Lowering blood pressure with potassium - Baltimore Post-ExaminerBaltimore Post-Examiner

Lowering blood pressure with potassium

One in every three Americans has high blood pressure, at or above 140/90 mm Hg.  If you have high blood pressure or just want to prevent it, you may want to eat more cholesterol-free, high potassium foods. Cholesterol-free because that unclogs and opens arteries.  High potassium because potassium opposes the effects of salt and lowers blood pressure in people with and without high blood pressure.

We all know that sodium in salt raises blood pressure; it keeps fluid in the body and constricts/narrows arteries. It increases the amount of blood in your body while at the same time narrowing the space that the blood has to flow through. Potassium does the opposite; it is a diuretic and a vasodilator. It sends fluid out of the body in urine and widens arteries to increase the space that blood has to flow through. You may not know that potassium actually lowers blood pressure more than salt raises it. The INTERSALT study found that eating about 1 teaspoon of salt raised systolic blood pressure (top number) by an average of 3 mmHg, but eating the equivalent amount of potassium lowered BP by an average of 6 mm Hg, twice as much. You can see the importance of getting enough potassium.

The Institute of Medicine recommends 4,700 mg of potassium a day as an Adequate Intake for adults, but less than 5 percent of Americans get this much potassium every day. If they did, eating food that provided 4,700 mg of potassium a day would lower systolic/diastolic blood pressure an average of 8/4 mm Hg. If your blood pressure was 140/90, it would be lowered to 132/86. The U.S. Food and Drug Administration recommends a lower daily intake of potassium at 3,500 mg. This is called the Daily Value (DV) and it is used to calculate % intake on food labels and dietary supplements. Americans don’t even meet this lower standard; on average Americans get about 2,745 mg of potassium a day.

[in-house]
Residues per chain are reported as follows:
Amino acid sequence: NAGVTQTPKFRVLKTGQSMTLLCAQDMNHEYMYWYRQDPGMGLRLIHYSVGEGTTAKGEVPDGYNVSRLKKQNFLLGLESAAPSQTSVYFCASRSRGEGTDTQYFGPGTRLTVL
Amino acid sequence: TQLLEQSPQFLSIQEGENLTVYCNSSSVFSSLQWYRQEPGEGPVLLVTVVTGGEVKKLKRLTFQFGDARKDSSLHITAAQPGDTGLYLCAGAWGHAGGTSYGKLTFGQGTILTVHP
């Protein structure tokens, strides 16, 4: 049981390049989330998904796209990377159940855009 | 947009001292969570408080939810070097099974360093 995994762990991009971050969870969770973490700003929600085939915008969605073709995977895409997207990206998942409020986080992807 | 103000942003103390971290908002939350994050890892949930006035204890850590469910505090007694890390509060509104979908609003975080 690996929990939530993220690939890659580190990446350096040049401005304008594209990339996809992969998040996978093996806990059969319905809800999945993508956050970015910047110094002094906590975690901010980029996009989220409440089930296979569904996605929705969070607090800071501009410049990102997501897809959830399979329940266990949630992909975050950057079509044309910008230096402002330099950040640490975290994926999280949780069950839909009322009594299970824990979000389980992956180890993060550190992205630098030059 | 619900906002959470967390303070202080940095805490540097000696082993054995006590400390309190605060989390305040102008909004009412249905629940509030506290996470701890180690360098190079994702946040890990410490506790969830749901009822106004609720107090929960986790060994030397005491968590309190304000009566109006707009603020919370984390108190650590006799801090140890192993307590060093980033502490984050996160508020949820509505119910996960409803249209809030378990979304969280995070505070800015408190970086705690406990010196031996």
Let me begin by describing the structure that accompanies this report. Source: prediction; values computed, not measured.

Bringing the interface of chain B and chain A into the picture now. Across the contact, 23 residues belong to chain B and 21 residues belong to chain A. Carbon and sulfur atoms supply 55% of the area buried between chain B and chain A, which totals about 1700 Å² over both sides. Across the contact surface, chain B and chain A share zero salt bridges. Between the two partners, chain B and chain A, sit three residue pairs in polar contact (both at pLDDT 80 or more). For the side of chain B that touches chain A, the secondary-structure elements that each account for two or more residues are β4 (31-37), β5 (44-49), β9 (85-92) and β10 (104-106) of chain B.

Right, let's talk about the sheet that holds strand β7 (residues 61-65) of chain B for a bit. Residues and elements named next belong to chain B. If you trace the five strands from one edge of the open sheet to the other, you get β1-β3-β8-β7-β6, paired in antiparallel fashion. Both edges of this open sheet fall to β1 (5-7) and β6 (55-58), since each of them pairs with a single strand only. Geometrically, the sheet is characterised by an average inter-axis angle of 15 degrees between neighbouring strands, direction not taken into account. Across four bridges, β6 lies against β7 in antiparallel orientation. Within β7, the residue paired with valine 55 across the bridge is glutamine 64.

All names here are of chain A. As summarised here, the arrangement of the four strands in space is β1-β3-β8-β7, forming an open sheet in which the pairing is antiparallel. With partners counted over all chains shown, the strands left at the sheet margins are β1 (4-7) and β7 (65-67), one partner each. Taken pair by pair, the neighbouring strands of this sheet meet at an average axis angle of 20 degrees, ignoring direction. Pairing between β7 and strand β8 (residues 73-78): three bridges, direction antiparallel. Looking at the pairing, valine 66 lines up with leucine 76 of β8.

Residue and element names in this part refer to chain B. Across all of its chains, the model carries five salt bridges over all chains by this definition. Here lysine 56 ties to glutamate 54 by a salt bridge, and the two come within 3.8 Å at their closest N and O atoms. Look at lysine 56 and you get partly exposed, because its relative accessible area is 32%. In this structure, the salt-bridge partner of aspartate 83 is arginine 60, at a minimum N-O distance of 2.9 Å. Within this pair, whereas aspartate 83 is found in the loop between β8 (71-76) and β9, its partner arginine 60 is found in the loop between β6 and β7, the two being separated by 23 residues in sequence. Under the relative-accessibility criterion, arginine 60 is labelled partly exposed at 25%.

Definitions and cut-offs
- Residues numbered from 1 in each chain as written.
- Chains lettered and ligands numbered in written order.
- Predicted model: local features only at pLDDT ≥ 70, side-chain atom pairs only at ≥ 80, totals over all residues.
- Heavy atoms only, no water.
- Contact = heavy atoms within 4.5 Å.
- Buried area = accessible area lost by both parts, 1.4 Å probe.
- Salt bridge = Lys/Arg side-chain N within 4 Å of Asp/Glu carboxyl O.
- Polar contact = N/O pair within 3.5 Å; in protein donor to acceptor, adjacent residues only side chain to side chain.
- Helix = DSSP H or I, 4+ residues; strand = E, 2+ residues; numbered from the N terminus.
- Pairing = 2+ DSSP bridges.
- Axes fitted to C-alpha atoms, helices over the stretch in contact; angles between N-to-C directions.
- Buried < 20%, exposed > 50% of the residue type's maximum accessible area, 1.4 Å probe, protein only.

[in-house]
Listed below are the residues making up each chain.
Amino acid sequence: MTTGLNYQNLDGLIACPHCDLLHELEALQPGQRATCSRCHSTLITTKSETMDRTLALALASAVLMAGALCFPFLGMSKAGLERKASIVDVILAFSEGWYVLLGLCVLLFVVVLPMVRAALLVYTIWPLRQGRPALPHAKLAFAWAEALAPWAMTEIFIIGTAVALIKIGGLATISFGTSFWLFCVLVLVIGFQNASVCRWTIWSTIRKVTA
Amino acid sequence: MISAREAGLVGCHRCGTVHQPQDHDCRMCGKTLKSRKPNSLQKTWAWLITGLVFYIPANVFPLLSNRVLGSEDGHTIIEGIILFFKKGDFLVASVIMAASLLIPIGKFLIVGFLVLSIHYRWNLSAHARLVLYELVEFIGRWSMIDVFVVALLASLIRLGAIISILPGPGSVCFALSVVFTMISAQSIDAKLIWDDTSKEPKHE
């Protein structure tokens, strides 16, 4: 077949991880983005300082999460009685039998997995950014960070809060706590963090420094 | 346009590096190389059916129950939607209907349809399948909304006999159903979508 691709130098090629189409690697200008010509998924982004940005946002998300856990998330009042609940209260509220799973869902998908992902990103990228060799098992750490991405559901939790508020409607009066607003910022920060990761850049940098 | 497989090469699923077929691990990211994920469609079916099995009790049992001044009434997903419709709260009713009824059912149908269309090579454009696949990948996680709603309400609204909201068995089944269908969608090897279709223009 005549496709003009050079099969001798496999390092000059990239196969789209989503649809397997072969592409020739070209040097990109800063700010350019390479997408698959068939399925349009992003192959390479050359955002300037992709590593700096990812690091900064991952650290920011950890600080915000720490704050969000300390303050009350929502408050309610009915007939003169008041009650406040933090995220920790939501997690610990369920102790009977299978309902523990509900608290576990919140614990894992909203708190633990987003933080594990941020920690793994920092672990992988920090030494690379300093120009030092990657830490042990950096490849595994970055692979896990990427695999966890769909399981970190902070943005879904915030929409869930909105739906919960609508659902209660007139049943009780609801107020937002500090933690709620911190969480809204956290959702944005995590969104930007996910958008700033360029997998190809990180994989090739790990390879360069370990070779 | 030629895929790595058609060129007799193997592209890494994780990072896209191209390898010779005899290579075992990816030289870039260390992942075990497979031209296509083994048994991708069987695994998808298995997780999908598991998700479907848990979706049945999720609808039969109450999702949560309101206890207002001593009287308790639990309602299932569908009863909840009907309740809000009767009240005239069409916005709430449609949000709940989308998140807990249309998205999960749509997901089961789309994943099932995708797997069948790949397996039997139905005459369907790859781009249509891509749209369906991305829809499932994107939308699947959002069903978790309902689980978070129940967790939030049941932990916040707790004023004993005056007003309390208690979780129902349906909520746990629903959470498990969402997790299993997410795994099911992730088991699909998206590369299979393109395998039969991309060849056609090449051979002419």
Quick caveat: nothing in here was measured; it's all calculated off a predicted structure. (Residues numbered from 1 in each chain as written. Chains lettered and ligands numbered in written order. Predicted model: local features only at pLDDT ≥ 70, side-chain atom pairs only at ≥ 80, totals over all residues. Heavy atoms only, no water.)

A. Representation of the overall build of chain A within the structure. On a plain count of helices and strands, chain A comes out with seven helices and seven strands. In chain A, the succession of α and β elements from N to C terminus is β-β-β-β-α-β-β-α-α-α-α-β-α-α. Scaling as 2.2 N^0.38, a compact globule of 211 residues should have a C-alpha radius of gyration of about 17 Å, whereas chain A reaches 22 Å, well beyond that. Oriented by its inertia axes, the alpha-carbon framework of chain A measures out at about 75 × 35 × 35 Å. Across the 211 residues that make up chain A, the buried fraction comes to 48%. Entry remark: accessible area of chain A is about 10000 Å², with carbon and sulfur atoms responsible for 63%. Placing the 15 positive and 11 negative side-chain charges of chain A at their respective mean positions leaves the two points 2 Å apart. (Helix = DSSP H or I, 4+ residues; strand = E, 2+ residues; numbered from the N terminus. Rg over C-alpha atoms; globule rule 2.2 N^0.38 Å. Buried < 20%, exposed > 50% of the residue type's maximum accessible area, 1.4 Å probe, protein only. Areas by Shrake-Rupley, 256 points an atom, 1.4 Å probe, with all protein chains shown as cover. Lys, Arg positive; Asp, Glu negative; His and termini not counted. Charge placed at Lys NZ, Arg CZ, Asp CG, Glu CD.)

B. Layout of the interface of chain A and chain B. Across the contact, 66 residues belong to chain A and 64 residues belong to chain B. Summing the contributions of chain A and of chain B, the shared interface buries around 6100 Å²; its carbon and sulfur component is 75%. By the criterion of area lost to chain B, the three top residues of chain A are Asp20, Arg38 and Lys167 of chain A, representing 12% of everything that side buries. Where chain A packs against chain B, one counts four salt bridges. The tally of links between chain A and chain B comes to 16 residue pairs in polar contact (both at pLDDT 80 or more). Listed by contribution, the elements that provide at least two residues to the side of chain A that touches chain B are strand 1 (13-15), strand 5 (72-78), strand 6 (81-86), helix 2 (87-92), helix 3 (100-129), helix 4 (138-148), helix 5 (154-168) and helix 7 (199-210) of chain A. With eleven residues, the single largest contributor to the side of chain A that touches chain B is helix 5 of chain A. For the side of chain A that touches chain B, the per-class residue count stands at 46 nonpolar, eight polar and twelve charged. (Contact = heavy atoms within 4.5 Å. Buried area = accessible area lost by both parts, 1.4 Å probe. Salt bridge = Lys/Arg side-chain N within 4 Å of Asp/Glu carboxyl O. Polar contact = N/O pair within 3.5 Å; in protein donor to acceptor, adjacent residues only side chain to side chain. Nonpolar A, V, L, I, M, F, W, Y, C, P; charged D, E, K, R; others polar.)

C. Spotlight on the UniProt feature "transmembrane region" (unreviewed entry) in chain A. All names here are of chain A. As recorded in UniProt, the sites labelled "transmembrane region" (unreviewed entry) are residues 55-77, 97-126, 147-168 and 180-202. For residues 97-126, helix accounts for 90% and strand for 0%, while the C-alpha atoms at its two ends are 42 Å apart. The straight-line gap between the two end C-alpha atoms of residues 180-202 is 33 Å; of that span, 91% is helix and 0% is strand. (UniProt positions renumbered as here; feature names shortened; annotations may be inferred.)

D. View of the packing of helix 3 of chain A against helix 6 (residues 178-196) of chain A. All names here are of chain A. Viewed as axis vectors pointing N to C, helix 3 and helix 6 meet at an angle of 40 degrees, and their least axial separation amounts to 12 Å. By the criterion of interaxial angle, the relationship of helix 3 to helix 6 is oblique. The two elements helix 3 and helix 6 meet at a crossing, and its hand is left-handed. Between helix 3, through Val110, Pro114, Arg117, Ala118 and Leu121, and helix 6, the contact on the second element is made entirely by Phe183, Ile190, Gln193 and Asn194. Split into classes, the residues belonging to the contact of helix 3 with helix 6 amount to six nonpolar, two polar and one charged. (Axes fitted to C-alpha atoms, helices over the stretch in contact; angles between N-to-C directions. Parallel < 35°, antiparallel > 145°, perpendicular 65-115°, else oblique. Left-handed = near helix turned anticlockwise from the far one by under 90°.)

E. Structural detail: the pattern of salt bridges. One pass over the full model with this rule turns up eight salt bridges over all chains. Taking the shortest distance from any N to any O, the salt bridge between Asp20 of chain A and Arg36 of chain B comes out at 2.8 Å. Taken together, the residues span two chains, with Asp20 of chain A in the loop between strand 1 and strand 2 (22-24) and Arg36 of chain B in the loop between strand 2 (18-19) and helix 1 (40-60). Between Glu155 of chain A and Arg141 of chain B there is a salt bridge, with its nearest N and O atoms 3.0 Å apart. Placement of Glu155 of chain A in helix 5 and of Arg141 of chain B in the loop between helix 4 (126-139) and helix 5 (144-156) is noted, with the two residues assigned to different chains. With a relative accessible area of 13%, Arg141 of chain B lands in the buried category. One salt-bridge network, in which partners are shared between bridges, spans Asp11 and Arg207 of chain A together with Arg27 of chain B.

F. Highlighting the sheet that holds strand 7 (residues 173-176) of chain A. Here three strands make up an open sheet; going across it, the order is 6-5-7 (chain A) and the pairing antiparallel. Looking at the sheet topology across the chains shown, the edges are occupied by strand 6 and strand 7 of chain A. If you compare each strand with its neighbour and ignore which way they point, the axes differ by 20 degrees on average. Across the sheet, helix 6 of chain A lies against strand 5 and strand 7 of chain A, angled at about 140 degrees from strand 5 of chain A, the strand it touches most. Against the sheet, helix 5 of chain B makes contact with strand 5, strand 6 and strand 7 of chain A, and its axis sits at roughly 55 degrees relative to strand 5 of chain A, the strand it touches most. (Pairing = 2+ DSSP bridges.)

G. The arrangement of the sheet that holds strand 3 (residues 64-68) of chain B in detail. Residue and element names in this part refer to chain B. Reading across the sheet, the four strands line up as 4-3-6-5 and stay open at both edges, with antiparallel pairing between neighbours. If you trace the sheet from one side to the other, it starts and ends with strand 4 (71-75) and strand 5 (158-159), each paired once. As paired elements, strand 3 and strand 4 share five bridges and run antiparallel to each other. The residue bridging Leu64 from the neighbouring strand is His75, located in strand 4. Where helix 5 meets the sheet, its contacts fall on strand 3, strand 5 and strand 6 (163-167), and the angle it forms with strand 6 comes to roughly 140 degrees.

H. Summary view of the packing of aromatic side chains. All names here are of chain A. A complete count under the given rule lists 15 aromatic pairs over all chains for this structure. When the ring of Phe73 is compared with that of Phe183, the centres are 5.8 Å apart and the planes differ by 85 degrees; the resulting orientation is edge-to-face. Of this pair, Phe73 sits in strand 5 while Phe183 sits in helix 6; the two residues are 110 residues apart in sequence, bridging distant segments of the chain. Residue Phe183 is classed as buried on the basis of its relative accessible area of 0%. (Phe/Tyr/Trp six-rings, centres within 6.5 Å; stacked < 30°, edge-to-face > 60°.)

Caution: People with poor kidney function or heart failure may have to limit potassium intake. If you are on dialysis or have severe health problems please discuss your potassium intake with your health care provider before making any dietary changes.————————————————————–If you have hypertension and your kidneys are still functioning well, you should make dietary changes now to prevent kidney failure in the future.

The recommendation for sodium is 1,500 mg a day with an upper limit or 2,300 mg. On average Americans get 3,569 mg/day, mostly from processed or prepared foods. If you eliminate processed foods from your diet, you will automatically eliminate much of the excess sodium. This is a good start, but you also have to step up your potassium by choosing foods with a high potassium to sodium ratio. Aim for at least a 3:1 potassium to sodium ratio.

The first food we think of when potassium is mentioned is bananas, and rightly so. Bananas have an awesome potassium to sodium ratio of 422:1, but most fruits and vegetables have good potassium to sodium ratios. If you choose to eat a cholesterol-free, whole food, plant based diet, every meal could be a blood pressure lowering event.